In addition to being unable to perform, Faul said the cancellation means other missed opportunities the trip offers — like potential networking and relationships with students from other schools and sight-seeing in New York City.

“I would say that generally, they are trying to stay positive as much as possible,” he said. “This pandemic is a lot for all of us to process and that is no less true for my students. They are doing the best they can.”

The school closures also meant an early curtain call for seniors in Meadowdale High School’s drama program. Among them was Audrey Davies, who said she was disappointed she wasn’t able to make her musical debut in the program’s spring production of “Cinderella.”

“It was going to be my first and last musical at Meadowdale, and now I don’t really get to perform,” she said.

Audrey Davies in her senior photo.

Davies said spring is a significant time for the drama department. The students were also a week away from attending the Washington State Thespian Festival, where they participate in workshops, meet students from other drama programs and can audition for college scholarship programs.

“We lost a lot of college opportunities for our drama students, which is very unfortunate for them,” she said.

Outside of drama, Davies mentioned the disappointment of not being able to attend the senior send-off assembly — where seniors meet on the school’s football field one last time before their last day of school.

“That was one thing I was really looking forward to,” she said.

Not all seniors have plans to continue their education by attending college. For those students, schools have college and career counselors to help them find jobs after high school. At Scriber Lake High School, senior Gustavo Farias said his counselor — paraeducator Christopher Collings — has continued to work with him on his post-graduation plans.

“He’ll sit down with you and help you fill out a resume or find jobs,” he said.

After graduation, Farias said he plans to get a commercial driver’s license (CDL) and drive semi-trucks. But for now, he has a lot of responsibility at home. In addition to studying on his own, Farias said he is responsible for making sure his four younger siblings do their assignments while their parents work.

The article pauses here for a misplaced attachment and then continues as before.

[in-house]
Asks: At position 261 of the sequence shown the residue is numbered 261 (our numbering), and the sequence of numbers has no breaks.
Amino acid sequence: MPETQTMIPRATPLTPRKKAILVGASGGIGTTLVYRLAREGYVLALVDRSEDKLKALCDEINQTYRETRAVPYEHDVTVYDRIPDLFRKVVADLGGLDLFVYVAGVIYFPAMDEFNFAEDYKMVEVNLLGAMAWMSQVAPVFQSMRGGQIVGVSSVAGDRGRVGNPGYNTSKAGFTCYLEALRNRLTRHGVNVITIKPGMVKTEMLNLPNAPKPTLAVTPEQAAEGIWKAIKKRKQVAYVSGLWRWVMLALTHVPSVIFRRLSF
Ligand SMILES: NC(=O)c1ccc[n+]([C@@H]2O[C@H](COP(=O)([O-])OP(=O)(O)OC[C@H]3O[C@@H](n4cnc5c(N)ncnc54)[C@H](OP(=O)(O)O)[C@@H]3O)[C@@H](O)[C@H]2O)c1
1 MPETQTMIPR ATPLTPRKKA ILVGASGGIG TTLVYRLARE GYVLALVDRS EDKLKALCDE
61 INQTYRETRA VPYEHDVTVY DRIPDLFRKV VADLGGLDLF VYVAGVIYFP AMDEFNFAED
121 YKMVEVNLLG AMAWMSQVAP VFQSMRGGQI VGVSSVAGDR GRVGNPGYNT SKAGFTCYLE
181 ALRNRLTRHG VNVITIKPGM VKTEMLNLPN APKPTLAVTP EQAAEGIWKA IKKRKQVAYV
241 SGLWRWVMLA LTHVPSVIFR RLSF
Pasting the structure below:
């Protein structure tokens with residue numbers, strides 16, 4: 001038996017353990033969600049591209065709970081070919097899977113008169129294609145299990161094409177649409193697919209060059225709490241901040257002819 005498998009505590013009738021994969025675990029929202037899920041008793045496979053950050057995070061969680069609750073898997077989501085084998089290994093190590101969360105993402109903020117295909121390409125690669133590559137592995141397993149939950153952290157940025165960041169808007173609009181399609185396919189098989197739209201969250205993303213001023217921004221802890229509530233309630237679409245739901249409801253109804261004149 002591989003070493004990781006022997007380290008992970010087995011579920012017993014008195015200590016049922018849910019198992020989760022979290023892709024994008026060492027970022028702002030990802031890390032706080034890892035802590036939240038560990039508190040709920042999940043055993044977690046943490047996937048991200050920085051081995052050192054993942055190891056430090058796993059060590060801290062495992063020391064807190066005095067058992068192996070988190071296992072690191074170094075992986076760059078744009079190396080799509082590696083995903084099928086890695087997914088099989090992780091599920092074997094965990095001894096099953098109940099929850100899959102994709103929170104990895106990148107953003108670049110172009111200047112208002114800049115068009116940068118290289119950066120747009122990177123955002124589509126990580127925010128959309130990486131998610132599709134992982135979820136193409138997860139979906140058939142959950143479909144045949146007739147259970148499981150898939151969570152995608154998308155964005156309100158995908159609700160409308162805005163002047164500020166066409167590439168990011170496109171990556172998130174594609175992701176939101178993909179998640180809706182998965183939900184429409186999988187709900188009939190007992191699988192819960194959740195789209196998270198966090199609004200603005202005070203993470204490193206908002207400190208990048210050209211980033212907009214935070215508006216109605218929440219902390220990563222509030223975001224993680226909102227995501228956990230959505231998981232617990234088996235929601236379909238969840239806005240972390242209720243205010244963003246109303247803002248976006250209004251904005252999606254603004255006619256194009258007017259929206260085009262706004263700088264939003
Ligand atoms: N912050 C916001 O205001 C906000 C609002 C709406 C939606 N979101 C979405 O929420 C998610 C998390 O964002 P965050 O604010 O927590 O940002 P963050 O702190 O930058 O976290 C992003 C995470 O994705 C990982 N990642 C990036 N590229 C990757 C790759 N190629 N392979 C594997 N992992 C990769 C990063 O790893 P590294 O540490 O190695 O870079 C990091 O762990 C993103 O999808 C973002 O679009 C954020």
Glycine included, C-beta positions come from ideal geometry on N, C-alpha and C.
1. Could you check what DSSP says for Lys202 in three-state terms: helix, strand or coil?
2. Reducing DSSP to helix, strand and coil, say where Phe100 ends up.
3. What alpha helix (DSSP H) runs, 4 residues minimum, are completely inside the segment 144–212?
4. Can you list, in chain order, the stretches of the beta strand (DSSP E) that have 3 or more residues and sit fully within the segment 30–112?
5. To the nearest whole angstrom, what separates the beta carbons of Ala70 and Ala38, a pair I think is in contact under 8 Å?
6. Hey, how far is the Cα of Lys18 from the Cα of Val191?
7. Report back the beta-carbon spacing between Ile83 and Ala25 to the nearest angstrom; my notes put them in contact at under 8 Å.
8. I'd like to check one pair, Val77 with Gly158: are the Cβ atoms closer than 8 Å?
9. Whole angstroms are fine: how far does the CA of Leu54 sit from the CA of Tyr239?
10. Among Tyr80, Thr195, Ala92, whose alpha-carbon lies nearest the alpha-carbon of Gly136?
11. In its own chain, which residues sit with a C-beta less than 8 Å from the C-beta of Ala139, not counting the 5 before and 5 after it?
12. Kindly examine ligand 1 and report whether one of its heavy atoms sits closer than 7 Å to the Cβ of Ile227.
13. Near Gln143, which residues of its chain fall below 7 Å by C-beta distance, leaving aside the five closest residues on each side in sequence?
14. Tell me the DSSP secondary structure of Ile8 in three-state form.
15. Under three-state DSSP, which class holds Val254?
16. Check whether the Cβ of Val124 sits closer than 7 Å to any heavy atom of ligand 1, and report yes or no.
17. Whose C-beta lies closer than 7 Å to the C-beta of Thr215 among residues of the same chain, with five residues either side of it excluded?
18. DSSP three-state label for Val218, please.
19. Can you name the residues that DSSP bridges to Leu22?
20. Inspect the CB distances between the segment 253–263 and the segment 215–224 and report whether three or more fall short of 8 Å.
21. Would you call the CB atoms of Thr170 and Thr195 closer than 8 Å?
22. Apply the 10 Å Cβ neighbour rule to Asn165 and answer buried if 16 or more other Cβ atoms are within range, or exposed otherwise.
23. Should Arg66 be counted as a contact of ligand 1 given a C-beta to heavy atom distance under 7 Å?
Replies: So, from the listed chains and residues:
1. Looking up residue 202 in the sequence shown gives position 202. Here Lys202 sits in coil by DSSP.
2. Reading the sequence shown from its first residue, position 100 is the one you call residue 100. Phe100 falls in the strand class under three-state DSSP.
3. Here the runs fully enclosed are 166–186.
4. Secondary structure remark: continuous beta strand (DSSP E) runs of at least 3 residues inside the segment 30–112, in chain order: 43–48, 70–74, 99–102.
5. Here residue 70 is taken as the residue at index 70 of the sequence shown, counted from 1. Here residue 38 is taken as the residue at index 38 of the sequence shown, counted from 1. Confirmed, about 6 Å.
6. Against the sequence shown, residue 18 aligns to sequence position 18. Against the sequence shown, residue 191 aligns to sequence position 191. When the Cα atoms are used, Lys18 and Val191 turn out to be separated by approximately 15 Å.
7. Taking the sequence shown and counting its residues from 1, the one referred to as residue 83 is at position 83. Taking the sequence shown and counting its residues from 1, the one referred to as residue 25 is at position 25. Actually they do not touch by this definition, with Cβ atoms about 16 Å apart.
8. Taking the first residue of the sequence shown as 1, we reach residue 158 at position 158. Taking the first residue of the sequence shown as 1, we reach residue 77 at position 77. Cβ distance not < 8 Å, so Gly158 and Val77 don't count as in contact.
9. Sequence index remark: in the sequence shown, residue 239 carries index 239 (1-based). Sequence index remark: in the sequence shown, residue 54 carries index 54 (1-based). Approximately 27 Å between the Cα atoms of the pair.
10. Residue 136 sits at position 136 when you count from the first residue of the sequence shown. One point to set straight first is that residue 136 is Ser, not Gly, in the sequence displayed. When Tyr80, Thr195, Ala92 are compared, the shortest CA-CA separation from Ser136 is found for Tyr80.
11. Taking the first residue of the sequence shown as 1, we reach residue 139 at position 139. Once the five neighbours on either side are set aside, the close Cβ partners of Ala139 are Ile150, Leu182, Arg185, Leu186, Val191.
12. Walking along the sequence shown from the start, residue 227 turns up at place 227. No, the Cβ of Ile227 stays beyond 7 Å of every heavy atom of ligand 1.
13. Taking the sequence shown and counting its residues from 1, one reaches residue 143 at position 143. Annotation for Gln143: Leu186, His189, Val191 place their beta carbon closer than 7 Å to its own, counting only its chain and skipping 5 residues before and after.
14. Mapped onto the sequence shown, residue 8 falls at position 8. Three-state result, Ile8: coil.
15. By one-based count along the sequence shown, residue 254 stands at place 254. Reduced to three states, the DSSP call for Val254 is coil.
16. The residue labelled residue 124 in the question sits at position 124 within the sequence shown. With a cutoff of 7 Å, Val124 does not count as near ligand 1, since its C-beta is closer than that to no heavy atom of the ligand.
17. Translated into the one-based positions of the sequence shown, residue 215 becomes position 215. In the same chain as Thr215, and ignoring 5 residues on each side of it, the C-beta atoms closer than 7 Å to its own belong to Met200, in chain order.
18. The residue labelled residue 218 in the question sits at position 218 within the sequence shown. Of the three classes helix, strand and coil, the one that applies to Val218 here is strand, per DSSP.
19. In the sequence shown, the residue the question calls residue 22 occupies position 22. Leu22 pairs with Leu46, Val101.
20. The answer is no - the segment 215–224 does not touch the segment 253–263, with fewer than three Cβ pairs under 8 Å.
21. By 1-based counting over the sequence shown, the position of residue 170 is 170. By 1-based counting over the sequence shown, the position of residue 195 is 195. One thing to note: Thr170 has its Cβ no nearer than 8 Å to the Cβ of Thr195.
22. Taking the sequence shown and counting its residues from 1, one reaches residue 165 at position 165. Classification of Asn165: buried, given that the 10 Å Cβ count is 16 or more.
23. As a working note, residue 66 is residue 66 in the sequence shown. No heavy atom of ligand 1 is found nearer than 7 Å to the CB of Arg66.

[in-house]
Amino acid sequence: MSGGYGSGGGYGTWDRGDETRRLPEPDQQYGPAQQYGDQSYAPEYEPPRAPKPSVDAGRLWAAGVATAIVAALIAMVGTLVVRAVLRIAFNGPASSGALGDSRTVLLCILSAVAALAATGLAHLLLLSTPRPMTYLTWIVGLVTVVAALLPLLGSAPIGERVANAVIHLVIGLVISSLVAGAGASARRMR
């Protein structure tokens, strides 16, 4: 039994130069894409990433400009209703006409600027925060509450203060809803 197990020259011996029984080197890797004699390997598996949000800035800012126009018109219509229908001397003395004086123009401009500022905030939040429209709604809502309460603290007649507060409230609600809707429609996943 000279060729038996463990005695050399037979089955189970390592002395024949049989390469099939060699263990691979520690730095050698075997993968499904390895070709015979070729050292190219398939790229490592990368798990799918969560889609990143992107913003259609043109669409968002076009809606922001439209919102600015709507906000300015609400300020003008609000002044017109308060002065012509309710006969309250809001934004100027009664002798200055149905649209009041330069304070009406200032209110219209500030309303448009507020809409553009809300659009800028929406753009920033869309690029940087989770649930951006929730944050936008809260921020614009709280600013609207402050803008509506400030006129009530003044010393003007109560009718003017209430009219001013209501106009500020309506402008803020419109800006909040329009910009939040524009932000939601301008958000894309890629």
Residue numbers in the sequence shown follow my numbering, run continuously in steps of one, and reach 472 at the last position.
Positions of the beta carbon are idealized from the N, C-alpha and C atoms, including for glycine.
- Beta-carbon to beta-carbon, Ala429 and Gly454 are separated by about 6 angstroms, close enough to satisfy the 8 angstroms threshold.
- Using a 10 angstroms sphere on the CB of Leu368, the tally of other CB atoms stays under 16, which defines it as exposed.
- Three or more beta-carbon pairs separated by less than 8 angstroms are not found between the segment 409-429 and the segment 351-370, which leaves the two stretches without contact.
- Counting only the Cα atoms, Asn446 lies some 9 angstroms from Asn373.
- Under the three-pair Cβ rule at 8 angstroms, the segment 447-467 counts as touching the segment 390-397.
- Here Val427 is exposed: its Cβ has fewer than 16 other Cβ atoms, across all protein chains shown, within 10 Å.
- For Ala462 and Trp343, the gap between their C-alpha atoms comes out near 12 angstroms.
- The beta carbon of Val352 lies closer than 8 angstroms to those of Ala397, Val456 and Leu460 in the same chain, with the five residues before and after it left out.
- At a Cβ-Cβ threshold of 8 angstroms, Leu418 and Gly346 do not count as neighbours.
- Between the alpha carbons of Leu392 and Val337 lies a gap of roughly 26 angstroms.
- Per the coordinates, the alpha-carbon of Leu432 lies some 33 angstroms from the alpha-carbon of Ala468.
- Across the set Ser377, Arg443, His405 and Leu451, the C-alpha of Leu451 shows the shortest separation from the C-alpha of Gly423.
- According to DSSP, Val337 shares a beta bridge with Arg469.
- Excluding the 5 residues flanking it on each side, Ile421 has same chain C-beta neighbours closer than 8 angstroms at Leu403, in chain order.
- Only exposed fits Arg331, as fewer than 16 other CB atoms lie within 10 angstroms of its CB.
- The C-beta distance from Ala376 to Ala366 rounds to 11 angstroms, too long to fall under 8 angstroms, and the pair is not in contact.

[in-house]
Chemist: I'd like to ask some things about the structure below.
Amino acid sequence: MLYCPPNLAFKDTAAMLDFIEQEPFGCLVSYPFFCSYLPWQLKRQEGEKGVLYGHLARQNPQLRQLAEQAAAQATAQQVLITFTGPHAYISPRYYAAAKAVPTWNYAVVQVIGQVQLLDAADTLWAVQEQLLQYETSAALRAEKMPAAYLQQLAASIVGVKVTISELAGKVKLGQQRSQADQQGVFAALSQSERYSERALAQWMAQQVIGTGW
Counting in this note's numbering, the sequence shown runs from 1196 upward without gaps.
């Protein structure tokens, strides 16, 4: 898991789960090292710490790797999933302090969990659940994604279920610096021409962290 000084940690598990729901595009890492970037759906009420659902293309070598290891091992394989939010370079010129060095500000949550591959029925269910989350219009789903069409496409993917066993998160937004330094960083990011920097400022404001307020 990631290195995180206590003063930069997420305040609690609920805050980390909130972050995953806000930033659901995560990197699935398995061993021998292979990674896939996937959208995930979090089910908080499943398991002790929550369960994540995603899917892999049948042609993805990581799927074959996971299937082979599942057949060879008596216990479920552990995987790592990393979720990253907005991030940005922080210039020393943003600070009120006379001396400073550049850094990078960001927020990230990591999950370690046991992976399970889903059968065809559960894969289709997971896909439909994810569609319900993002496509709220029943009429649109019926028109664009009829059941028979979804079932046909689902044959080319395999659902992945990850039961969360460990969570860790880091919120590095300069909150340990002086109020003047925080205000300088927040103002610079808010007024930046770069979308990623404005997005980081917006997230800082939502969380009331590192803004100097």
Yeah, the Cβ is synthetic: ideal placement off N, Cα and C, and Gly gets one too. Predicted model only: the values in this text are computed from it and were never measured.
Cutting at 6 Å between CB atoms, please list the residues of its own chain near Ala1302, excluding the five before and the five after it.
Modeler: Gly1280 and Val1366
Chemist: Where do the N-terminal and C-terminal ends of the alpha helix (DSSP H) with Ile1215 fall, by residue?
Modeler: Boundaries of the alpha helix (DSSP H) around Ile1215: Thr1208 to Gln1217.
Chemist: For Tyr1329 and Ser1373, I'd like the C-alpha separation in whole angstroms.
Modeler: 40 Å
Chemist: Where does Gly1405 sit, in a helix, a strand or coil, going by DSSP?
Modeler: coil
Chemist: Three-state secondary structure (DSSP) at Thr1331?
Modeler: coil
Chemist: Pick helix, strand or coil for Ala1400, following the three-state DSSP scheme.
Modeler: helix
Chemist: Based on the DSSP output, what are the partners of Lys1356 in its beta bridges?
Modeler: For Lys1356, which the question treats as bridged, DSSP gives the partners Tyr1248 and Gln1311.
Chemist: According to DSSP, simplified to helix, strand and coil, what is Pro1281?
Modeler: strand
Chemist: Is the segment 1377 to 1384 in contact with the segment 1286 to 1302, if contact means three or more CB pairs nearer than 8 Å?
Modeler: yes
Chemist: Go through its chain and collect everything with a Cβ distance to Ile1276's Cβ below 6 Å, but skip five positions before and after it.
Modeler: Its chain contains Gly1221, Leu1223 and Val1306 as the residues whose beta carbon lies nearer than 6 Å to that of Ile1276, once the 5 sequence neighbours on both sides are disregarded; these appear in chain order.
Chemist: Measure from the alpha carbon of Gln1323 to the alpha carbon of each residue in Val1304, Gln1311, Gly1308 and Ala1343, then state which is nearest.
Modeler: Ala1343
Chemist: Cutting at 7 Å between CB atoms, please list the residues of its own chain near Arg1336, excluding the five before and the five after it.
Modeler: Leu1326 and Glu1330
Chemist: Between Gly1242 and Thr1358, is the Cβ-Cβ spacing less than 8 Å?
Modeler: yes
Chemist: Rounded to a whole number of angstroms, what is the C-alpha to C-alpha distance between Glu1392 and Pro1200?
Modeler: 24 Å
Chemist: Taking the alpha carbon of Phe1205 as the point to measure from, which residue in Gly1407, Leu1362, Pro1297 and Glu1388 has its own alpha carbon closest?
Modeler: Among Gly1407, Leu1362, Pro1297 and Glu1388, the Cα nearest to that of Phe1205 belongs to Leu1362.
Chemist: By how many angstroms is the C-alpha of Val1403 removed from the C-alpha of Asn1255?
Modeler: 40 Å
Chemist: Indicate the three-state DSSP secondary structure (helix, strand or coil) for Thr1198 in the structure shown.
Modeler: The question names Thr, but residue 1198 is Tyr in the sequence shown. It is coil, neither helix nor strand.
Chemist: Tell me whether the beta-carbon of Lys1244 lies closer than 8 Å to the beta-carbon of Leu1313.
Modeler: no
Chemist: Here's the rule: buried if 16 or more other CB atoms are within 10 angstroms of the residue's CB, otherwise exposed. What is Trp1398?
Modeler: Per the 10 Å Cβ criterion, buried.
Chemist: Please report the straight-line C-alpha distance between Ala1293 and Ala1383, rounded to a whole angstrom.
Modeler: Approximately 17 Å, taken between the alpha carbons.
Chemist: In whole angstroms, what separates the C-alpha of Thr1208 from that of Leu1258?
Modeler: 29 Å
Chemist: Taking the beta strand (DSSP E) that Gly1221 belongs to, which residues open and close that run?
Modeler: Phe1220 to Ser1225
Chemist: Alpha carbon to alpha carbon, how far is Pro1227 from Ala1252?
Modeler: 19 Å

“Whenever my parents are at work I’m kind of the parent for my siblings,” he said. 

In addition to school-related closures and cancellations, students have had to cancel other plans for senior year. Scriber Lake senior Sydni Hillman said she and her friends planned to attend an anime convention in Seattle during spring break before the convention was canceled.

“We were planning on going for the three days (the convention) was going on as our last big thing before everyone moved across the country to their colleges,” she said.

For students in the Running Start program — which allows high school juniors and seniors to take college courses for credit — studying remotely is typical for many students. Prior to joining Running Start, Edmonds Heights K-12 senior Katie Schnautz said she was used to remote learning because her school incorporates homeschooling into each student’s curriculum.

With students encouraged to follow the stay-at-home order, Schnautz said she has been unable to socialize with her classmates. At Edmonds Heights — where graduating class sizes are small and some students spend all 13 years at the school — Schnautz said it’s particularly hard for her classmates.

“We’ve all known each other mostly since second grade, which may not be the case for everyone in (other) public high schools,” she said. “We’ve all grown up beside each other and suddenly the ending seems off.”

Some students, however, view the school closures differently. Lynnwood High School senior Isabella Sessions is also in Running Start and said she has been detached from school activities for the last couple of years. After attending prom twice before reaching senior year, Session is not feeling as sentimental.

“For me I don’t feel like I’m missing out on those activities because I feel like I’ve already done a little bit of it,” she said. “Compared to other students, I think I’m not as heartbroken.”

However, Sessions said one event she is disappointed she won’t be attending with her classmates is graduation.

The district announced this week that instead of in-person graduations, each high school is planning to hold “high-quality” virtual graduations for seniors in June. The virtual ceremonies will be livestreamed on the date and time that the original in-person ceremony was scheduled. Diplomas will be sent in the mail to students who meet graduation requirements, said district spokesperson Harmony Weinberg.

“We are heartbroken for our seniors who aren’t getting to experience the traditional end-of-the-year events and celebrations,” she said. “However, we are so impressed with the determination of our seniors to make it to the finish line…And while we likely won’t be celebrating them in the traditional ways, the district is committed to honoring them.”

–By Cody Sexton